Polycystic ovary syndrome – Treatment – NHS

Lifestyle changes

In overweight women, the symptoms and overall risk of developing long-term health problemsfrom PCOS can be greatly improved by losing excess weight.

Weight loss of just 5% can lead to a significant improvement in PCOS.

You can find out whether you're a healthy weight by calculating your body mass index (BMI), which is a measurement of your weight in relation to your height.

Anormal BMIis between 18.5 and 24.9. UsetheBMI healthy weight calculator to work out whether your BMI is in the healthy range.

You can lose weight byexercising regularlyand eating a healthy, balanced diet.

Your diet should include plenty of fruit and vegetables, (at least 5 portions a day),whole foods (such as wholemeal bread, wholegrain cereals and brown rice), lean meats, fish and chicken.

Your GP may be able to refer you to a dietitian if you need specific dietary advice.

Read more about losing weight,healthy eating and exercise.

A number of medicinesare available to treat different symptoms associated withPCOS.

These are described below.

Thecontraceptive pillmay be recommended to induce regular periods, or periods may be induced using anintermittent course of progestogen tablets (which are usually given every 3 to 4 months, but can be given monthly).

This will also reduce the long-term risk of developing cancer of the womb lining (endometrial cancer) associated with not having regular periods.

Other hormonal methods of contraception, such as anintrauterine system (IUS), will also reduce this riskby keeping the womb lining thin, but they may not cause periods.

With treatment, most women with PCOSare able toget pregnant.

The majority of women can be successfully treated with a short course of tablets taken at the beginning of each cycle for several cycles.

If these are not successful, you may be offered injections orIVF treatment. There's an increased risk of a multiple pregnancy (rarely more than twins) with these treatments.

A medicine calledclomifeneis usually the first treatment recommended for women with PCOS who are trying to get pregnant.

Clomifene encourages the monthly release of an egg from the ovaries (ovulation).

If clomifene is unsuccessful in encouraging ovulation, another medicine called metformin may be recommended.

Metformin is often used to treat type 2 diabetes, butit can also lower insulin and blood sugar levels in women with PCOS.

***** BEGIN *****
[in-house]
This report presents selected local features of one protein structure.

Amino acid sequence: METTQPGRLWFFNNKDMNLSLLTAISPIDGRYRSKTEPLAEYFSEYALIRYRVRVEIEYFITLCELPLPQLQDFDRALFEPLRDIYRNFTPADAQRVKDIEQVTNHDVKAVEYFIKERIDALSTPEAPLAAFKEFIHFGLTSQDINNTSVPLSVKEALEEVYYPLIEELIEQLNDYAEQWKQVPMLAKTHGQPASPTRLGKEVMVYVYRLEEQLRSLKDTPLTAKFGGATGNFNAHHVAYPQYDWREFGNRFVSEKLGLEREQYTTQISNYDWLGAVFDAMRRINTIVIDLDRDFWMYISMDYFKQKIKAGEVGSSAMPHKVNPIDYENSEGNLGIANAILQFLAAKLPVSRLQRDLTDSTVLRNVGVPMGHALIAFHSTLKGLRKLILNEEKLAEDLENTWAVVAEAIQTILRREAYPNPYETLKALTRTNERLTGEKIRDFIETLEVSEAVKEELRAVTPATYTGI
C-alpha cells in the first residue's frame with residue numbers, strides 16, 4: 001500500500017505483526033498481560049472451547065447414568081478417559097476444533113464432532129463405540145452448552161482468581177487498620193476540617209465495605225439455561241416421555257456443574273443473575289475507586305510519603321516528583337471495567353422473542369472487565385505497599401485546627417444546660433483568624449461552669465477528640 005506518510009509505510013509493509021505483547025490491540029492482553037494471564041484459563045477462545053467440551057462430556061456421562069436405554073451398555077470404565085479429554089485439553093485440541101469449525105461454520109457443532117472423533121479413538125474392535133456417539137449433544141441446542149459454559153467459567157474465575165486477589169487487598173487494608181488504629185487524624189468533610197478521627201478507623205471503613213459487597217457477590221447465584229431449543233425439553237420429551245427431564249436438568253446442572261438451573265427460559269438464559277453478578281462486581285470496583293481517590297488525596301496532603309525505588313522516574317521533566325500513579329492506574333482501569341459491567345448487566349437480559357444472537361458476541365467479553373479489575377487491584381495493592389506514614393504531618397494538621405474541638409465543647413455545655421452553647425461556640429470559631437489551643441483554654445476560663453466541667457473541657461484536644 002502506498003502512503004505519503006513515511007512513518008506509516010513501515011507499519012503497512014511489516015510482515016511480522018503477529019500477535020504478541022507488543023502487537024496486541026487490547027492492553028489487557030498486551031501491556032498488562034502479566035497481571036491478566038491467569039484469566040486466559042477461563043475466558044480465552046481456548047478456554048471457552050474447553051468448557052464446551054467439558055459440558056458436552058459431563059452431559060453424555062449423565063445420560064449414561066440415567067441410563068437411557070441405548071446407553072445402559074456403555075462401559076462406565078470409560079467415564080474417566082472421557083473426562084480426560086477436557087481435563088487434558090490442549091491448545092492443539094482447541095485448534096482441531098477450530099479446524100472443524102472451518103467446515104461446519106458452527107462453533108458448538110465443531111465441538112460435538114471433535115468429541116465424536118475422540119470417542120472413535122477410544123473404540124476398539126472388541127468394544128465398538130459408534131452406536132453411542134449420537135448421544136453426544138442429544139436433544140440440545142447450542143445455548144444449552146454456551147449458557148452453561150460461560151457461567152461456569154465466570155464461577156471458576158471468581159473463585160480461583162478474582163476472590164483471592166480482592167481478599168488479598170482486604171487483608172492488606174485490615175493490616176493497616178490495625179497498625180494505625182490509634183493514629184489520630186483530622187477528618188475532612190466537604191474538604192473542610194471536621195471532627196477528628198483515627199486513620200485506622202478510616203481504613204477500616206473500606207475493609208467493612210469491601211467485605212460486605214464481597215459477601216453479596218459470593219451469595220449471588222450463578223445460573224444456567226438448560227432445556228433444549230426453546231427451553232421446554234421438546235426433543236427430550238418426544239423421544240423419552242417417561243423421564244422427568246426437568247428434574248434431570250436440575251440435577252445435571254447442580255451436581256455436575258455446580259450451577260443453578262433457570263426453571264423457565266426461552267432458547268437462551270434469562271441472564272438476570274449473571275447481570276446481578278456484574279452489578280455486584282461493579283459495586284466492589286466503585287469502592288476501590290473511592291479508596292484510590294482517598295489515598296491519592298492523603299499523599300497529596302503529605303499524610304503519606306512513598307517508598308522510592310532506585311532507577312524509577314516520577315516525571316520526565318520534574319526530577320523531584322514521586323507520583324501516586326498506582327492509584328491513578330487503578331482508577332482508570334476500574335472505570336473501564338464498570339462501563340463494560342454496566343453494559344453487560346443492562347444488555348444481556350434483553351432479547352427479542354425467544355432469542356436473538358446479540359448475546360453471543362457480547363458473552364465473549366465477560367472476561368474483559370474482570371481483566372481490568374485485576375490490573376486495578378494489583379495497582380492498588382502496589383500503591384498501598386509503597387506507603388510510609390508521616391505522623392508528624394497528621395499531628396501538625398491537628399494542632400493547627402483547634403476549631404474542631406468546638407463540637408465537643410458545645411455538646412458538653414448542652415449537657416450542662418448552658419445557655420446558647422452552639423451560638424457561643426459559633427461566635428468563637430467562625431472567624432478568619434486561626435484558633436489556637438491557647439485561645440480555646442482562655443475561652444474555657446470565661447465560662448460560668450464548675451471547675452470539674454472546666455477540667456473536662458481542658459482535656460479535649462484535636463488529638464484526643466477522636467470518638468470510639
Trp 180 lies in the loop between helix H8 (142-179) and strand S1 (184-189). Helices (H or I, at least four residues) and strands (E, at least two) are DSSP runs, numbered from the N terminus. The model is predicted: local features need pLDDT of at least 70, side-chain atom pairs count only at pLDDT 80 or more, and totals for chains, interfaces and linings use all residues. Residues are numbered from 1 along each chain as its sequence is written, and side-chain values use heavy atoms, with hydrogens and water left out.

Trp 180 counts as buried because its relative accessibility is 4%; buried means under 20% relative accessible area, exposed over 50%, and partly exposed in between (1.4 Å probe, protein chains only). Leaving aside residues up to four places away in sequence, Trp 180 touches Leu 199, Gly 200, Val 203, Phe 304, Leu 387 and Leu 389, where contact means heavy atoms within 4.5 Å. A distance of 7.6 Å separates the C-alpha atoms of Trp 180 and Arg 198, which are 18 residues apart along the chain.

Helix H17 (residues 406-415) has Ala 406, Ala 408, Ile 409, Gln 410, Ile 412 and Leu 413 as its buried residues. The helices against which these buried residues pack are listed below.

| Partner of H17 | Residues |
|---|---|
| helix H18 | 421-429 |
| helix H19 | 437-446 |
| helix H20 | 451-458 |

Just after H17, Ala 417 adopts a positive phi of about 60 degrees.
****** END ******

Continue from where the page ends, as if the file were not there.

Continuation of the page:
As well as stimulating ovulation, encouraging regular monthlyperiods and lowering the risk of miscarriage, metformin canalso have other long-termhealth benefits, such as loweringhigh cholesterol levels and reducing the risk of heart disease.

Metformin is not licensed for treating PCOS in the UK, but because many women with PCOS have insulin resistance, it can be used"off-label" in certain circumstances to encourage fertility and control the symptoms of PCOS.

Possible side effects of metformin include nausea, vomiting, stomach pain,diarrhoea and loss of appetite.

As metformin can stimulate fertility, if you're considering using itfor PCOS and not trying to get pregnant, make sure you use suitable contraception if you're sexually active.

TheNational Institute for Health and Care and Excellence (NICE) has more information about the use ofmetformin for treating PCOS in women who are nottrying to get pregnant, including a summary of the possible benefits and harms.

Letrozole is sometimes used to stimulate ovulation instead of clomifene. This medicine can also be used for treating breast cancer.

Use of letrozole for fertility treatment is "off-label". This means that the medicine's manufacturer has not applied for a licence for it to be used to treat PCOS.

In other words, although letrozole is licensed for treating breast cancer, it does not have a license for treating PCOS.

Doctors sometimes use an unlicensed medicine if they think it's likely to be effective and the benefits of treatment outweigh any associated risks.

Find out more about unlicensed and off-label use of medicines

If you're unable to get pregnant despite taking oral medicines, a different type of medicine calledgonadotrophins may be recommended.

These are given by injection. There's a higher risk that they may overstimulateyour ovaries and lead to multiple pregnancies.

Medicines to control excessive hair growth (hirsutism) and hair loss (alopecia) include:

These medicines work by blocking the effects of "male hormones", such as testosterone, and some also suppress production of these hormones by the ovaries.

A cream called eflornithinecan also be used to slow down the growth of unwanted facial hair.

This cream does not remove hair or cure unwanted facial hair, so you may wish to use it alongside a hair removal product.

Improvement may be seen 4 to 8 weeks after treatment with this medicine.

But eflornithine cream is not always available on the NHS because some local NHS authorities have decided it's not effective enough to justify NHS prescription.

If you have unwanted hair growth, you may also want to remove the excess hair by using methods such as plucking, shaving, threading, creams or laser removal.

Laser removal of facial hair maybe available on the NHS in some parts of the UK.

Medicines can also be used to treat some of the other problems associated with PCOS, including:

Link:
Polycystic ovary syndrome - Treatment - NHS

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